His fall performance comes after an impressive first full season in which he ranked as the No. 1 prospect in the low Class A Midwest League, with a batting line of .333/.383/.596 and 12 home runs in 213 at-bats. He finished the season at high Class A Daytona with four more homers in 80 at-bats, although his overall numbers (.188/.244/.400) weren't as good. Even more important, his defense at shortstop drew rave reviews, dispelling ideas that he'd need to move off the position sooner rather than later.
Baez draws his power from off-the-charts bat speed and strong wrists. One of the bigger discussion points among AFL observers is Baez's aggressive nature at the plate. Baez acknowledged that his tendency to overswing is something that he's working on this fall with the help of Cubs coaches.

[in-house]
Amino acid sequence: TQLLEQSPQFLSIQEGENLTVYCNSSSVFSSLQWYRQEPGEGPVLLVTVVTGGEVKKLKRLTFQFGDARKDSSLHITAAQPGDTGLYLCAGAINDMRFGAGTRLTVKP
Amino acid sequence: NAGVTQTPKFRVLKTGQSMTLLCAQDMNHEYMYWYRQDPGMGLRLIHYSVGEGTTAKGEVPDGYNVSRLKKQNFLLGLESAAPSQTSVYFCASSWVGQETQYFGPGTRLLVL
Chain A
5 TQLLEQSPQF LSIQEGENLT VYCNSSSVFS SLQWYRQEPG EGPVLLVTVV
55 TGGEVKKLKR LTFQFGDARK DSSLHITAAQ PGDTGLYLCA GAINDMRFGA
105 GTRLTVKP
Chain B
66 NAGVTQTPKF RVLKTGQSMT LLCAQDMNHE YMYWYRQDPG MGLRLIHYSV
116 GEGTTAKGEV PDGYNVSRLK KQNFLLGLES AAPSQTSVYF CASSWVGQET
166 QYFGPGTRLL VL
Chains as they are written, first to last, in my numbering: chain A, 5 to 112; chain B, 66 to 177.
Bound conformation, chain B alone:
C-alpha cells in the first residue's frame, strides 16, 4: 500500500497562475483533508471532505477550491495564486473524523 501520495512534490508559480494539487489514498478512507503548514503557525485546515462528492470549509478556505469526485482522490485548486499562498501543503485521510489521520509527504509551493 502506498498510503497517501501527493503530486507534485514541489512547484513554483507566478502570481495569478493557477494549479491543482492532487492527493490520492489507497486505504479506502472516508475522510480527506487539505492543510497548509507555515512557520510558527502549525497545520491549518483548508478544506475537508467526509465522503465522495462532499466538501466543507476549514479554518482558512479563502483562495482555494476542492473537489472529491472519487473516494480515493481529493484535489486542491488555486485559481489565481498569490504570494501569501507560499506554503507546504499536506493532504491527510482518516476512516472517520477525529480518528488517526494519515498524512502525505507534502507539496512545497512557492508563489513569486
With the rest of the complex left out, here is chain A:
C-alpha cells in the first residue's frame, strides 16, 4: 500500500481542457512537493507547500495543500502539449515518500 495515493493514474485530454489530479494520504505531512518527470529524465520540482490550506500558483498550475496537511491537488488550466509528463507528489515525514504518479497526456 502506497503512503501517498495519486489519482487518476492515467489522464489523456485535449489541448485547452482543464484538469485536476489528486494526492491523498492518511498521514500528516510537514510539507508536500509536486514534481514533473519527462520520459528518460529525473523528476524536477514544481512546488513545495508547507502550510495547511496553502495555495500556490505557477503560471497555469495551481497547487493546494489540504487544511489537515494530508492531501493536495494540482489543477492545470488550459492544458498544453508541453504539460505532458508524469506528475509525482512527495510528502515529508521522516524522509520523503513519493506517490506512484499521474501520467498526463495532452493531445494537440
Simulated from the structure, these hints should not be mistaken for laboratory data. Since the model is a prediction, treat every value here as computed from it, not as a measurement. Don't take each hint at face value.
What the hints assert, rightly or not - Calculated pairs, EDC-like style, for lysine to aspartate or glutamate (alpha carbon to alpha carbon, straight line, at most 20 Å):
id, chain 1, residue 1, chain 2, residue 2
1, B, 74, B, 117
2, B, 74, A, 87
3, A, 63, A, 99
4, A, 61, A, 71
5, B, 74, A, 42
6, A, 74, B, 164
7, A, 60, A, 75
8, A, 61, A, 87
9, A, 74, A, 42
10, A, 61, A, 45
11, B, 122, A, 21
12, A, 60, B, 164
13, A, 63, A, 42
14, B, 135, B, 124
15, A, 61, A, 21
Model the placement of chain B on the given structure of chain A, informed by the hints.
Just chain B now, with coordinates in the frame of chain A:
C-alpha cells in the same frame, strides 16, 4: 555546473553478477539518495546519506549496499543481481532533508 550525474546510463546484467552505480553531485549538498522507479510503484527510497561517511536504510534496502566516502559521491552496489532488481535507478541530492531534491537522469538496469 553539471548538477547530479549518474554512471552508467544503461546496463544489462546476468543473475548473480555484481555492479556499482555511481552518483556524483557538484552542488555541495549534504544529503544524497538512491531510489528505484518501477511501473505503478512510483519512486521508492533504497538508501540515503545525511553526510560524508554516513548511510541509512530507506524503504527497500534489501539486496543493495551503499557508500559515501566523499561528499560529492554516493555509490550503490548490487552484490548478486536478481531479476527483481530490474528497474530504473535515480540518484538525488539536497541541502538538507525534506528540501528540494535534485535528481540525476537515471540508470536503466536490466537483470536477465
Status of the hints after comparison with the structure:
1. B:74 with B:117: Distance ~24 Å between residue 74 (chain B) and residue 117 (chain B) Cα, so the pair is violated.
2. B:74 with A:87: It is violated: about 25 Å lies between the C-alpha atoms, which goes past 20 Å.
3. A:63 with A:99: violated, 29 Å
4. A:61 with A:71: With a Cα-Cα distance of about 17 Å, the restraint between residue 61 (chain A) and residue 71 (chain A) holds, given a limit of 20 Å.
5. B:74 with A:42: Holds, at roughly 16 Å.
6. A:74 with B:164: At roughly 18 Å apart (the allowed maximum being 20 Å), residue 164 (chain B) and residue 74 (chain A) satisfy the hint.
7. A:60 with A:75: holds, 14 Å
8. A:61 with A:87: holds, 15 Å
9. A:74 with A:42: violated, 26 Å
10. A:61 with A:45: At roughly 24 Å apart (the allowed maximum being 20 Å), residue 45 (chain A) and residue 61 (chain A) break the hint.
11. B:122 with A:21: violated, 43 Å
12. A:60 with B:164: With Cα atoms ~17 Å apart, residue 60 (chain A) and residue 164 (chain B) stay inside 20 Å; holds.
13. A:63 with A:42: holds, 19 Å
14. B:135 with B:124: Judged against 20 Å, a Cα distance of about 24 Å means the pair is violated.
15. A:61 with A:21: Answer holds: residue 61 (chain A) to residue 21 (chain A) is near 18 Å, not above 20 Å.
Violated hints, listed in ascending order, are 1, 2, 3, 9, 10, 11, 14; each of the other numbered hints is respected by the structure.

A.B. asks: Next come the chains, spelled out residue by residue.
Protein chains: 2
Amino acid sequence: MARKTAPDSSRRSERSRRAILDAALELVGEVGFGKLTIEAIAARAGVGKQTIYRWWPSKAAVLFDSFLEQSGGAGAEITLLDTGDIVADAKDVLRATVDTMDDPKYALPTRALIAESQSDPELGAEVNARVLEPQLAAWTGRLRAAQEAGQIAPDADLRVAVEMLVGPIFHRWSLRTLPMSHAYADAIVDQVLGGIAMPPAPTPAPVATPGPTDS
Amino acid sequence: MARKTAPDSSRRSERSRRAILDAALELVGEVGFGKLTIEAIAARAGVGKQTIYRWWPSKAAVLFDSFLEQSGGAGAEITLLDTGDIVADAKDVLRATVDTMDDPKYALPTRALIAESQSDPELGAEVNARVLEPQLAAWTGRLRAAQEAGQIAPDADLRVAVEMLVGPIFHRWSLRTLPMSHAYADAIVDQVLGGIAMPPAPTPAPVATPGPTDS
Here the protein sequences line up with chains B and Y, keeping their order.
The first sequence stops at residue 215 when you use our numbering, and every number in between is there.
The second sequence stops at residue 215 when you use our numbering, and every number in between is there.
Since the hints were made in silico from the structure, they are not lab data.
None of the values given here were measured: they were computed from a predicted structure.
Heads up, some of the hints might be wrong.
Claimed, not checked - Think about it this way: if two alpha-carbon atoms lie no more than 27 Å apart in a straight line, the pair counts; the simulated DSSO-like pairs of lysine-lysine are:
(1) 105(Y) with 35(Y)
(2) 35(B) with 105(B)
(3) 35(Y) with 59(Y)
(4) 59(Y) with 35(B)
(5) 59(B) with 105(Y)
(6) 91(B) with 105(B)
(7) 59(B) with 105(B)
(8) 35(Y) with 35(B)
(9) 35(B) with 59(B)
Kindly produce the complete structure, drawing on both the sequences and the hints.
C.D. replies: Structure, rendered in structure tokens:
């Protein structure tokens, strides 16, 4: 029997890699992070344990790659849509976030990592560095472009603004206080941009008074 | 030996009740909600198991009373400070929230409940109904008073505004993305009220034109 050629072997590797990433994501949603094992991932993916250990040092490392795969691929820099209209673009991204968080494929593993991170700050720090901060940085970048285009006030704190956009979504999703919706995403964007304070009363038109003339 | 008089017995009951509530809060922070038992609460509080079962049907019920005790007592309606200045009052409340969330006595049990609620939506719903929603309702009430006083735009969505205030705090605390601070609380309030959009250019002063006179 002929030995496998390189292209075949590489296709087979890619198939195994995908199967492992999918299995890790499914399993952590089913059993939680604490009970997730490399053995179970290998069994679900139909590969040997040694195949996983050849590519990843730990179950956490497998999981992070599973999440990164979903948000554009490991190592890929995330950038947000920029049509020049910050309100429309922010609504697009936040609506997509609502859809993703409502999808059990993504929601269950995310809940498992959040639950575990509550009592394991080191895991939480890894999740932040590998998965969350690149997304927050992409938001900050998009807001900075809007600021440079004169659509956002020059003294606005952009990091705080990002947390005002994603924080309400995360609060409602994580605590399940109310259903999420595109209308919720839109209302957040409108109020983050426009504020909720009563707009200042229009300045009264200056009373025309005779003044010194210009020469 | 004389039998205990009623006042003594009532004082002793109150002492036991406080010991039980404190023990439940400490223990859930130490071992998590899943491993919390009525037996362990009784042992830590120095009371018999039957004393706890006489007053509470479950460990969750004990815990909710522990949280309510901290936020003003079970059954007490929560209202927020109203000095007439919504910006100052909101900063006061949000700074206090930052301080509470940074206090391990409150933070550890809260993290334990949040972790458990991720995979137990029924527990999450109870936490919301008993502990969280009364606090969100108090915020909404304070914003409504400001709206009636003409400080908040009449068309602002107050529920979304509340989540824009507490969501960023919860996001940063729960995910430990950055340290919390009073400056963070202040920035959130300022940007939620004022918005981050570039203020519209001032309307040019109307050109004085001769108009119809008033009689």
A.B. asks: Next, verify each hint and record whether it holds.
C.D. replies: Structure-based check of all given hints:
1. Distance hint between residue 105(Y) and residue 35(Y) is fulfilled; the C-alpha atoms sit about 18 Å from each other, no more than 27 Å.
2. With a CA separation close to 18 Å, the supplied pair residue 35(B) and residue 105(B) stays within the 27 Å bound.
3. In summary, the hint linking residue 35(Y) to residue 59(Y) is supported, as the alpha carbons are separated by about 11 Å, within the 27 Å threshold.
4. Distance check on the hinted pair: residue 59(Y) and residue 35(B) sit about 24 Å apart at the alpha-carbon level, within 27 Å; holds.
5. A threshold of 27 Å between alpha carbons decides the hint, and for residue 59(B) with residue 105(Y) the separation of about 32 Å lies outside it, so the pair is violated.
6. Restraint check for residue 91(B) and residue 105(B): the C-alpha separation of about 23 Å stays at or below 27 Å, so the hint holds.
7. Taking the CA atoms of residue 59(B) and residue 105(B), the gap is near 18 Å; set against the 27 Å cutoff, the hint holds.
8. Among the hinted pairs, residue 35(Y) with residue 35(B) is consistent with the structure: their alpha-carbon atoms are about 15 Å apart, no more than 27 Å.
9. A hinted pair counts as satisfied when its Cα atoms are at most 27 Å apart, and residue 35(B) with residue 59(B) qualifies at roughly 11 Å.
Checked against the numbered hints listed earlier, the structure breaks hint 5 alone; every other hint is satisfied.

"That's been my swing since I've been playing in high school," Baez said. "They're trying to control my swing and (get me to) hit the ball to the right side."
"For Javy to be a year out of high school and facing this competition is a good challenge for him," said Mesa hitting coach Brian Harper, who managed Daytona during the regular season. "There are times when he overswings and gets a little rough at the plate . . . The main goal is to smooth his lower half up a bit and then get him to smooth out his swing.
Another goal for Baez is to improve his pitch recognition to better handle breaking balls. But the Cubs don't plan to mess with too much of a good thing.
"You don't want to change a whole lot with a kid like that," Harper said. "It's very small things that we try to do with him. There's not a whole lot of change that you want to do with a kid that's had some success. If he starts struggling a little bit, then you tweak it and go from there. I always want to let a kid keep his style of hitting, and then you just tweak it a little bit. I'm definitely not a guy that's going to clone hitters. Everybody's got their style. Javier's got his style, so you work with that."
A National League scout covering the AFL has been impressed with what he's seen from Baez so far.